Tzav צַ֤ו is the twenty-fifth parshoit of the year reading cycle; it’s also the second of Vaykra. Tzav צַ֤ו is translated as “command”. It is the sixth word in the Hebrew. It can be spelled five different ways: (1) T-Z-A-V, (2) T-S-A-V, (3) Z-A-V, (4) S-A-V, (5) S-A-W
Tsav צַ֤ו parsha summary
Previously, we see the instructions to the people to bring the offerings קָרְבָּן korban. In Tsav צַ֤ו, Torah turns it’s attention towards Aaron and the priesthood. We will discover their responsibilities concerning the korban services. It begins with the fire on the altars and proceeds through each of the korban. In the end, Aaron and his sons are successful in following the details of God’s commands concerning the acceptable methods of handling the korban services.
Vayikra וַיִּקְרָא is the twenty-fourth parsha reading in the yearly cycle; it is the first in the book of Leviticus (Vayikra) וַיִּקְרָא . Vayikra is translated as “and he called”. I have found six ways to spell it – (1) Vayikra, (2) VaYikra, (3) Va-yikra, (4) Vayiqra, (5) Wayyiqra, or (6) Wayyiqro. They are all correct.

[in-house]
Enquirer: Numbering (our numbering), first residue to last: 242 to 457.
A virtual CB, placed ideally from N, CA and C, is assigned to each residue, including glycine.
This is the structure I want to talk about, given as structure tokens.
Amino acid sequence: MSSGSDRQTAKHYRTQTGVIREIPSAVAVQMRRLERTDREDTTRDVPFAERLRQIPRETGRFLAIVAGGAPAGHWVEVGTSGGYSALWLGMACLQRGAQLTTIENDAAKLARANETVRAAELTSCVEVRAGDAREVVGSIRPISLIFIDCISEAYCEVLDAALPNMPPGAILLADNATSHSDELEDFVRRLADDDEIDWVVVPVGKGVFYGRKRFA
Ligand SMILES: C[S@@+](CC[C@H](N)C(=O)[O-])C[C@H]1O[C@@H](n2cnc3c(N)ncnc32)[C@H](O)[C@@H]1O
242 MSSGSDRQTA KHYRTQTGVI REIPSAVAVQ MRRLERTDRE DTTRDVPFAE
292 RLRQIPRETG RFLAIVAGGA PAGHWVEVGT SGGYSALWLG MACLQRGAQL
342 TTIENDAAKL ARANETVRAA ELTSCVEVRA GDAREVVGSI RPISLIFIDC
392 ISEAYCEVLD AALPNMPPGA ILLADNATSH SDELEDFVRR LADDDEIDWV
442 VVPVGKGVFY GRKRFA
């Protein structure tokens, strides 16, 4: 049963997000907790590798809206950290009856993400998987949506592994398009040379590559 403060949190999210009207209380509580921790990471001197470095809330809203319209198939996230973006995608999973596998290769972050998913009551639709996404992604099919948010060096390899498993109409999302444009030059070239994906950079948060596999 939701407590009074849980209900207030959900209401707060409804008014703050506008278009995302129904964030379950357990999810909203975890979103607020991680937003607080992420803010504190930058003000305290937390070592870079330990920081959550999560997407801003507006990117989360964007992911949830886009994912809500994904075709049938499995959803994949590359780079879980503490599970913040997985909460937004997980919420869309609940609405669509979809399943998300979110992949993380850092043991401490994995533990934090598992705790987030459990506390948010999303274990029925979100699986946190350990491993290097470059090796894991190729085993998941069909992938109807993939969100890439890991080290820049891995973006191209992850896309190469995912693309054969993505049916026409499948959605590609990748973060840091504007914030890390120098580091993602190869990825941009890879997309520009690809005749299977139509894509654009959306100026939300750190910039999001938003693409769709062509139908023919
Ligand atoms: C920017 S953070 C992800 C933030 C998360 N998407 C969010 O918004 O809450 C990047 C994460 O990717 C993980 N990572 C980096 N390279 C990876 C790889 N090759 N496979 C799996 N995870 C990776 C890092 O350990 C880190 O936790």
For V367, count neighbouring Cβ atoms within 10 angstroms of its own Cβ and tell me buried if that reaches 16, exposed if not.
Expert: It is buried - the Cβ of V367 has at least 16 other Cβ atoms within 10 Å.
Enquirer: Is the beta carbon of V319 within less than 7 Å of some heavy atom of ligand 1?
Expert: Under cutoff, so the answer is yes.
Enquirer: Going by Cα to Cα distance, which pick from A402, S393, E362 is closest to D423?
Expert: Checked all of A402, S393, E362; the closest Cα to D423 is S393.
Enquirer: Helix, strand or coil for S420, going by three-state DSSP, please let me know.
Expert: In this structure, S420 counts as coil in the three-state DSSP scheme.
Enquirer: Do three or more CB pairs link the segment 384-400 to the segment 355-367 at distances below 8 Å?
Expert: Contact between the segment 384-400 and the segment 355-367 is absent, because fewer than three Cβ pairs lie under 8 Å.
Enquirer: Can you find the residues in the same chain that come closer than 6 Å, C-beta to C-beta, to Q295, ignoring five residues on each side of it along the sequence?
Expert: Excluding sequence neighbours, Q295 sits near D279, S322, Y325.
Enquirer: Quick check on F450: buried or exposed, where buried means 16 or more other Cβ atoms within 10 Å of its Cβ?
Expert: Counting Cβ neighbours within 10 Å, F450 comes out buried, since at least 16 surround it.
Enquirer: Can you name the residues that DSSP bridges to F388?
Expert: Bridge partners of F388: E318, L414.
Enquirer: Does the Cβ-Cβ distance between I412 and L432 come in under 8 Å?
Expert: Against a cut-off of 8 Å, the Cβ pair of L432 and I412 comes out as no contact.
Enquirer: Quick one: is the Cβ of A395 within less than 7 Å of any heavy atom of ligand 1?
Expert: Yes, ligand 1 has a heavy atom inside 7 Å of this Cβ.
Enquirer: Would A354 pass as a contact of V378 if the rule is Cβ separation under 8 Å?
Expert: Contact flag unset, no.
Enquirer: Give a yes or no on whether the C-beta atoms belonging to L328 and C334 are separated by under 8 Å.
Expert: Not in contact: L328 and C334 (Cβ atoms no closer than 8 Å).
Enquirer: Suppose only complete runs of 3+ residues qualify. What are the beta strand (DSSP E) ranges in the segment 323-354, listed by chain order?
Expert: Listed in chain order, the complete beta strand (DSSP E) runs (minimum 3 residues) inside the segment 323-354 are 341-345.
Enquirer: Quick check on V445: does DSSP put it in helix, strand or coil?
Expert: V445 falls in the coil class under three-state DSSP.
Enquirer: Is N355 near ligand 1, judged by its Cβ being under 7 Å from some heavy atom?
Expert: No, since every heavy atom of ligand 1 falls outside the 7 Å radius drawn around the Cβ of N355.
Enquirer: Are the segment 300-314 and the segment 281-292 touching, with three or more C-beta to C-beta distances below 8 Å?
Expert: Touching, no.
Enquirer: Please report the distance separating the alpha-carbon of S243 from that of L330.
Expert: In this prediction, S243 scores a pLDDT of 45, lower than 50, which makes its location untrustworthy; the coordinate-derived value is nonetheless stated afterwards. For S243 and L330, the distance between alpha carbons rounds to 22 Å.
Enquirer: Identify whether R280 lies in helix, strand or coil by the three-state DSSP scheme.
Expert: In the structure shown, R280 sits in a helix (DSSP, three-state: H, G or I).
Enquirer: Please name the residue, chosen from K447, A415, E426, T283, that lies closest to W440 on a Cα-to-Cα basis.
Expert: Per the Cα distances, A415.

Parsha Vayikra Summary
In parsha Vayikra וַיִּקְרָא we pick up were the book of Exodus (Shemot) ends. This section of text explains the acceptable offerings and the manner of slaughter. We begin with the burnt offering and proceed to the meal offering. We continue with the peace and “sin” offerings. Finally, we will discuss the fifth offering which is called the guilt offering. Our final reading deals with an offering for dishonesty. It introduces the third type of guilt offering. It reveals how monetary misappropriation is a sin towards HaShem.
Vayikra is the first word in the first verse. It is highlighted in red below.
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